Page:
There is only one certain fact when the case is considered: all educators are working day and night to successfully adapt into the condition with the resources at hand, and the abruptness of the matter does not allow for a detailed data collection and needs analysis process. The situation poses an even greater difficulty for EFL teachers as teaching a language in the classroom was already challenging enough, and now online instruction brings along many difficulties in communication, feedback, task assignment, and performance assessment. As an English teacher, I deem myself one of the few lucky people as our adaptation into online instruction as an institution was relatively short, though painful, and with reasonably less tech-related issues. It has been five weeks since we started the online classes on March 23rd, and all I can say for now is so far so good! In the meantime, I have kept observant as much as possible, and I can share these 5 humble suggestions coined in the light of the lessons drawn from the whole process of adaptation and establishment.

If you aim for perfection, you will cause another pandemic: anxiety!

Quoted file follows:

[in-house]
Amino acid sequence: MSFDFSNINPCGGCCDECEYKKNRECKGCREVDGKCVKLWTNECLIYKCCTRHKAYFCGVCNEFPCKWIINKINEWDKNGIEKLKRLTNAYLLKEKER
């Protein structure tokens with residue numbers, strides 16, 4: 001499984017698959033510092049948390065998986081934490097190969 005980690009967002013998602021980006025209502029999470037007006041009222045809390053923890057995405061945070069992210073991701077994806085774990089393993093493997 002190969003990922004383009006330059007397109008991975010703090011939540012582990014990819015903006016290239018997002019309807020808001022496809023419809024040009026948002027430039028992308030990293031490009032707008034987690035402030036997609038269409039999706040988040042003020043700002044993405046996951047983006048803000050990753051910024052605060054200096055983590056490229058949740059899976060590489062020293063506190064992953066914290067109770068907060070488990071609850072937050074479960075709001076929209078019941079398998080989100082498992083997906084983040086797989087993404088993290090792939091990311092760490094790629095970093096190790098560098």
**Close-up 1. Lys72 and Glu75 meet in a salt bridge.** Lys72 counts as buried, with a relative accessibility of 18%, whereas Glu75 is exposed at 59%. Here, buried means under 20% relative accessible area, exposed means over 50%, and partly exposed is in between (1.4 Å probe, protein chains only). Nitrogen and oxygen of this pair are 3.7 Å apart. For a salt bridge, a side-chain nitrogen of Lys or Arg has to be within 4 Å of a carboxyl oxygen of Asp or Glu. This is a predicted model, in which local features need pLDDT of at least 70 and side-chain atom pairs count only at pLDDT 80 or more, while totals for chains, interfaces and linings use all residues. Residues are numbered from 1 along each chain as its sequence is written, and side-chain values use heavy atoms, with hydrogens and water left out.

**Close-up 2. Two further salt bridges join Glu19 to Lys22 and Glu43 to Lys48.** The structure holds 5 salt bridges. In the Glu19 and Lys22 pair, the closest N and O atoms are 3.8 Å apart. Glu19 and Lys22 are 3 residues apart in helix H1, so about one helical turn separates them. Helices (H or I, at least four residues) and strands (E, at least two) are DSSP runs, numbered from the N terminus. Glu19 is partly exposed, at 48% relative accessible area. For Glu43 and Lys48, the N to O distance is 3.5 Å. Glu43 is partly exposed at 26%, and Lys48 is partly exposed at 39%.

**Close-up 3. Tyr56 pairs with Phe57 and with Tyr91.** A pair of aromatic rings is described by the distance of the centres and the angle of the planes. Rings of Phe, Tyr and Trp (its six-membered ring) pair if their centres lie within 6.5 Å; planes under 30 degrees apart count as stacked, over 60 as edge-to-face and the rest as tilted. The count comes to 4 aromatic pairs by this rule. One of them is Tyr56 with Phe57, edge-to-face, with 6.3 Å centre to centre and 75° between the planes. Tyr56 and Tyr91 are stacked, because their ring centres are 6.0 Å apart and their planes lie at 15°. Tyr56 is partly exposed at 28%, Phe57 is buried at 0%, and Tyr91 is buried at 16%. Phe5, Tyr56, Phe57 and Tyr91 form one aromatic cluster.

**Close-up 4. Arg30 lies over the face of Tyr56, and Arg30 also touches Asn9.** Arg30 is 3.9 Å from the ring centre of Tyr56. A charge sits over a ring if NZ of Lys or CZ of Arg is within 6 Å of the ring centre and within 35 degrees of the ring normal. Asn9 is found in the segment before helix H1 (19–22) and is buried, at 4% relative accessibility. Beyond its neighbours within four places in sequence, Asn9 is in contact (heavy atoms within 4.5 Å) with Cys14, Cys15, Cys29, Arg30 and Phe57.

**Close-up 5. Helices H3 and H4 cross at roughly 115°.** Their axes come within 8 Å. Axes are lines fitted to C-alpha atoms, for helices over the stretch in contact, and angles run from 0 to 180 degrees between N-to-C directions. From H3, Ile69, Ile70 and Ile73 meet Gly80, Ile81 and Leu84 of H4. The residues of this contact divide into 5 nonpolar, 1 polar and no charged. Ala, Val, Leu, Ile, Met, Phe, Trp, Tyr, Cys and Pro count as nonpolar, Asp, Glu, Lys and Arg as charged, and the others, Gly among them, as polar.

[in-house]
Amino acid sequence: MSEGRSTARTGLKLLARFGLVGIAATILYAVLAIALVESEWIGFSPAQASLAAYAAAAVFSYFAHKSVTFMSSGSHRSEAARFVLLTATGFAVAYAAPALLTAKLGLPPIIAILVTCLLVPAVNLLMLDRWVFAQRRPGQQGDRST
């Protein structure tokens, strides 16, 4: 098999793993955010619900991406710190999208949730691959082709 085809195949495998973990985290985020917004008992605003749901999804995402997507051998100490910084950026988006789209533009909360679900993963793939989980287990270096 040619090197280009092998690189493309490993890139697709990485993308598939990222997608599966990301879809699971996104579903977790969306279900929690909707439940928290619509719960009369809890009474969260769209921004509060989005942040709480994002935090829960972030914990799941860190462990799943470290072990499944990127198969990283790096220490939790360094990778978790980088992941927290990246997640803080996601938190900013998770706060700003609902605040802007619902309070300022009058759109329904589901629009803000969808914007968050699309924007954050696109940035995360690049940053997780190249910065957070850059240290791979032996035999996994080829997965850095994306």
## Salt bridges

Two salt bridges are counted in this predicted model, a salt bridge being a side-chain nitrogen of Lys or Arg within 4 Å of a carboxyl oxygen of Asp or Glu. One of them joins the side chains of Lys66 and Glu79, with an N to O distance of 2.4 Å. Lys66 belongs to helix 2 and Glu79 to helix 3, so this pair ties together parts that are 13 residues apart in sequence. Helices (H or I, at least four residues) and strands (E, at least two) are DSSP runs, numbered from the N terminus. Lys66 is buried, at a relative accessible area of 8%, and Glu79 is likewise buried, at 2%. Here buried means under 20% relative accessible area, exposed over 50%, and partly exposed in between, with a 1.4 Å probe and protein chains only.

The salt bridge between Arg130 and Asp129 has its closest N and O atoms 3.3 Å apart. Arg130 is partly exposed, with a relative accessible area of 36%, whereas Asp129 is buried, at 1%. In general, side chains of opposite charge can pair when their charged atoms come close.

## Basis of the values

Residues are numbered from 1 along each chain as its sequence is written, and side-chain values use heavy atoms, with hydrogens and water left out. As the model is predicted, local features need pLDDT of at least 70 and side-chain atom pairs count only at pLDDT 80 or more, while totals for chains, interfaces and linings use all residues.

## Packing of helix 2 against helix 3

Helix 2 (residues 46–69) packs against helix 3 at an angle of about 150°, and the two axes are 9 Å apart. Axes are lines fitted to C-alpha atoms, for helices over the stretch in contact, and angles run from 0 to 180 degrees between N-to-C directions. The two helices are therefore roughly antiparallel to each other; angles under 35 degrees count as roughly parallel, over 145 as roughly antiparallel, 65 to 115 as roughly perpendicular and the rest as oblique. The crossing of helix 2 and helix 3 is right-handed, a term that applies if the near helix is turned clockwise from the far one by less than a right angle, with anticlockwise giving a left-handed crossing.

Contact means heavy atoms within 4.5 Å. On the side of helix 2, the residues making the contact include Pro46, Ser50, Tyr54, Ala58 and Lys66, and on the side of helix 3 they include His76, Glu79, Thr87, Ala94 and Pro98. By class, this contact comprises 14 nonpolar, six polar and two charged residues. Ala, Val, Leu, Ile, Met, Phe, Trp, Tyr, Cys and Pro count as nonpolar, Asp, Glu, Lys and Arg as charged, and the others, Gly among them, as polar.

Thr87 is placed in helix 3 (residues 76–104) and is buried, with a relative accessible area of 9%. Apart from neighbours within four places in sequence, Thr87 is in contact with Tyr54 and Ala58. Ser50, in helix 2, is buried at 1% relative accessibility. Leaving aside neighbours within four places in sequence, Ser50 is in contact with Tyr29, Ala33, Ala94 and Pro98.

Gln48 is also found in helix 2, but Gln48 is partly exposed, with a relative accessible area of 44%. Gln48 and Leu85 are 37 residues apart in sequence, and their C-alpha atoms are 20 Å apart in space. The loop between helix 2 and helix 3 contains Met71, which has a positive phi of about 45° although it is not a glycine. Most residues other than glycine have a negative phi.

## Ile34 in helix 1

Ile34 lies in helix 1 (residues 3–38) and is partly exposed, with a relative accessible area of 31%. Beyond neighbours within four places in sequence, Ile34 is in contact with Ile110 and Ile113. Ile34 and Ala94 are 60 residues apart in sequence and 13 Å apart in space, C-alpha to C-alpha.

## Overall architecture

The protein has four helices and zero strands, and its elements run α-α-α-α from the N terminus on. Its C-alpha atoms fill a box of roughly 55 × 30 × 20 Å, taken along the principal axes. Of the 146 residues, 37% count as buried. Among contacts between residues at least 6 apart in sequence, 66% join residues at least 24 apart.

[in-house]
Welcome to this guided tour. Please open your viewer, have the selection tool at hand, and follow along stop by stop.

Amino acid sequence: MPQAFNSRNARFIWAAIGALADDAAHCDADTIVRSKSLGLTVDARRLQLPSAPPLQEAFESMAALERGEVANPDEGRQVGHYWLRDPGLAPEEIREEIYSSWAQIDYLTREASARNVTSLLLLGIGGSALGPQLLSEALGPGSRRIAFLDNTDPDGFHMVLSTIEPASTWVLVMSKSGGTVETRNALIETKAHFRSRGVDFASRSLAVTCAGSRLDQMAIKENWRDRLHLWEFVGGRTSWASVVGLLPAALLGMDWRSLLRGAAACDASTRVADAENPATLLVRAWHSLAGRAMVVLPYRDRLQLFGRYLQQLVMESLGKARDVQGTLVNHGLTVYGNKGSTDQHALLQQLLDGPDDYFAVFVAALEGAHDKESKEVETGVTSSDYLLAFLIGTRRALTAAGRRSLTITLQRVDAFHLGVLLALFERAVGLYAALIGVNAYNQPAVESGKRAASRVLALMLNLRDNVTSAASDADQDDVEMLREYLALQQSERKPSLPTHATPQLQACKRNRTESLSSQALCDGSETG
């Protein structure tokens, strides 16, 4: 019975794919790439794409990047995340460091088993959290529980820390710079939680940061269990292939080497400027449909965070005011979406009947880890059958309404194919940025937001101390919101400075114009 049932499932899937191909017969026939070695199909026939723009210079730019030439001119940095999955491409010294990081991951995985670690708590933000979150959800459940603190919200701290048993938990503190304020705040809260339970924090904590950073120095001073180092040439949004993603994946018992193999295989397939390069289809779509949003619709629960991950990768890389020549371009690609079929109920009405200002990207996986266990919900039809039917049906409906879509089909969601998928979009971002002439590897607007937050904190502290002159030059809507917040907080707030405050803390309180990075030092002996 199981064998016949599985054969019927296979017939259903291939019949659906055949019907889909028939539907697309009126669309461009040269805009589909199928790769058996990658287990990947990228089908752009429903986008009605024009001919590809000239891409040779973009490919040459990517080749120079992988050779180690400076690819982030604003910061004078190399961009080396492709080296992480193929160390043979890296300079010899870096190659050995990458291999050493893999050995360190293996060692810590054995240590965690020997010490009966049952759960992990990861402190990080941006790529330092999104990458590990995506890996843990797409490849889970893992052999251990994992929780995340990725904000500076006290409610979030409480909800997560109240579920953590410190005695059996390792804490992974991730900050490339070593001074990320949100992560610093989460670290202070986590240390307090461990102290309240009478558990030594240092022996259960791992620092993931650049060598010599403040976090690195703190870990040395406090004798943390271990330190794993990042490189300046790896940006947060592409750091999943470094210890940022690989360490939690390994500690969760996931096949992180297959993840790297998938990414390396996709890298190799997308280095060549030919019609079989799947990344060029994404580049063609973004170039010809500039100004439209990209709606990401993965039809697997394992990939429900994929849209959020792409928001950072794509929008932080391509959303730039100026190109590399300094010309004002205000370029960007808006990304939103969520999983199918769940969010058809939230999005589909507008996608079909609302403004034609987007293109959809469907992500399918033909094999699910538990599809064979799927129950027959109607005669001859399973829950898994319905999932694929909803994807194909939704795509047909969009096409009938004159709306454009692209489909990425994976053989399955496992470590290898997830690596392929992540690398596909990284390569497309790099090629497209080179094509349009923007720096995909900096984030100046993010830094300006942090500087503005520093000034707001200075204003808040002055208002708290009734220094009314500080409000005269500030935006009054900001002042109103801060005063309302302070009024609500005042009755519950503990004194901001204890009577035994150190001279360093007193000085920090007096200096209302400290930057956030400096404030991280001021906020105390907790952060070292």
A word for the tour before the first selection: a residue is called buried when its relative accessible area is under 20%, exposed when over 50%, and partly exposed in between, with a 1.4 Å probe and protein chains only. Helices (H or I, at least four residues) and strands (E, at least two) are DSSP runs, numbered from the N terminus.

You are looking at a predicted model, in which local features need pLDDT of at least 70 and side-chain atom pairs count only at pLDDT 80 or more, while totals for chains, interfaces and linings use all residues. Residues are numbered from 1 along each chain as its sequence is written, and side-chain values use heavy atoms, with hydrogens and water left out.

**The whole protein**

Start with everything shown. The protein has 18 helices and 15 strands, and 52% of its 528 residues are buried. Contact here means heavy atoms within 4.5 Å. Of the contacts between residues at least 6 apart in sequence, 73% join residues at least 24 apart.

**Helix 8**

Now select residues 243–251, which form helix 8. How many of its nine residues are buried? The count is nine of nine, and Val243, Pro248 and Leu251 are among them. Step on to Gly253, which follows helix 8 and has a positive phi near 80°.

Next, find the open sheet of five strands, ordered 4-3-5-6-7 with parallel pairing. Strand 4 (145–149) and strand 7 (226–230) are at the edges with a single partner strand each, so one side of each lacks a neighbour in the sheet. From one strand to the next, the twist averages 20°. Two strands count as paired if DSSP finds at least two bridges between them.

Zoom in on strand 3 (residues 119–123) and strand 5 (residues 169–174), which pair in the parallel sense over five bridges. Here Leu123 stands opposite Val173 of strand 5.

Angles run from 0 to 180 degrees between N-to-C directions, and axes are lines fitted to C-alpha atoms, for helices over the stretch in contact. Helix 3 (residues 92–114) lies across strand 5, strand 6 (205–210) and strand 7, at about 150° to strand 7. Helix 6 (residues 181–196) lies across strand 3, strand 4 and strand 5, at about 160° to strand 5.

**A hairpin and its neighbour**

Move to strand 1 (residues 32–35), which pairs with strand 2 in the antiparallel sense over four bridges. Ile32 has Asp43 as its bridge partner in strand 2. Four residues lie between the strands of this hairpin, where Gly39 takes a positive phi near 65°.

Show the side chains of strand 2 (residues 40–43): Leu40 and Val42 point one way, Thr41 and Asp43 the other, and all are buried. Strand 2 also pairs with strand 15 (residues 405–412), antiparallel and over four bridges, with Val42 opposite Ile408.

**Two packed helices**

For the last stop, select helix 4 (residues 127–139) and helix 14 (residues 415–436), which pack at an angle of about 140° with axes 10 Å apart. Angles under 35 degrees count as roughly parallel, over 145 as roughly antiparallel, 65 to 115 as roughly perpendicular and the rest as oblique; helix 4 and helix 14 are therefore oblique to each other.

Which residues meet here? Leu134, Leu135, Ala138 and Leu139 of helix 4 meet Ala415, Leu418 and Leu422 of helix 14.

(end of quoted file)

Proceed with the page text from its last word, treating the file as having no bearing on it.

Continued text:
From among the steps of the usual curriculum development process, how many could any institution implement in the course of the time from the closing of the schools to the beginning of the online instruction? Needs analysis? Setting desired outcomes? Materials design? Pilot testing? Evaluation and redesign? The answer is of course none of them as these factors are not dependent on short-time decision-making mechanisms. Especially a time gap of two or three weeks is never enough for even a proper syllabus design, ideally. Therefore, it is no use to struggle to adapt the existing curricula in the most flawless way possible, or to recreate a designer curriculum from the scratch! Supposing that it was made possible; this time, other factors would find it hard to keep up with this dream online curriculum, and these factors include the abilities, capacities, and the facilities of the teachers; the dissemination of teaching sources and material; accessibility by students who are in total physical isolation; and a flawless assessment which would naturally be expected from such a flawless curriculum. Therefore, I personally believe that the real aim of schools and the education system today is to assure students and parents that the quarantine does not mean the end of all life including education. As quoted by Mahmut Hoca, the wise history teacher from the unforgettable movie "Hababam Sınıfı", school is not merely a place made up of four walls standing under a roof. Where there is life, learning is inevitable regardless of space and time. In this regard, the primary responsibility bestowed upon teachers must be to instill the idea that schools care about education and learning, and all we can do together is to ensure a smooth transition from what we have done so far to the aftermath of this temporary halt. Only then will students, from primary school to college, parents, and teachers be able to avoid stress and anxiety, which could be as dangerous and contagious as a virus.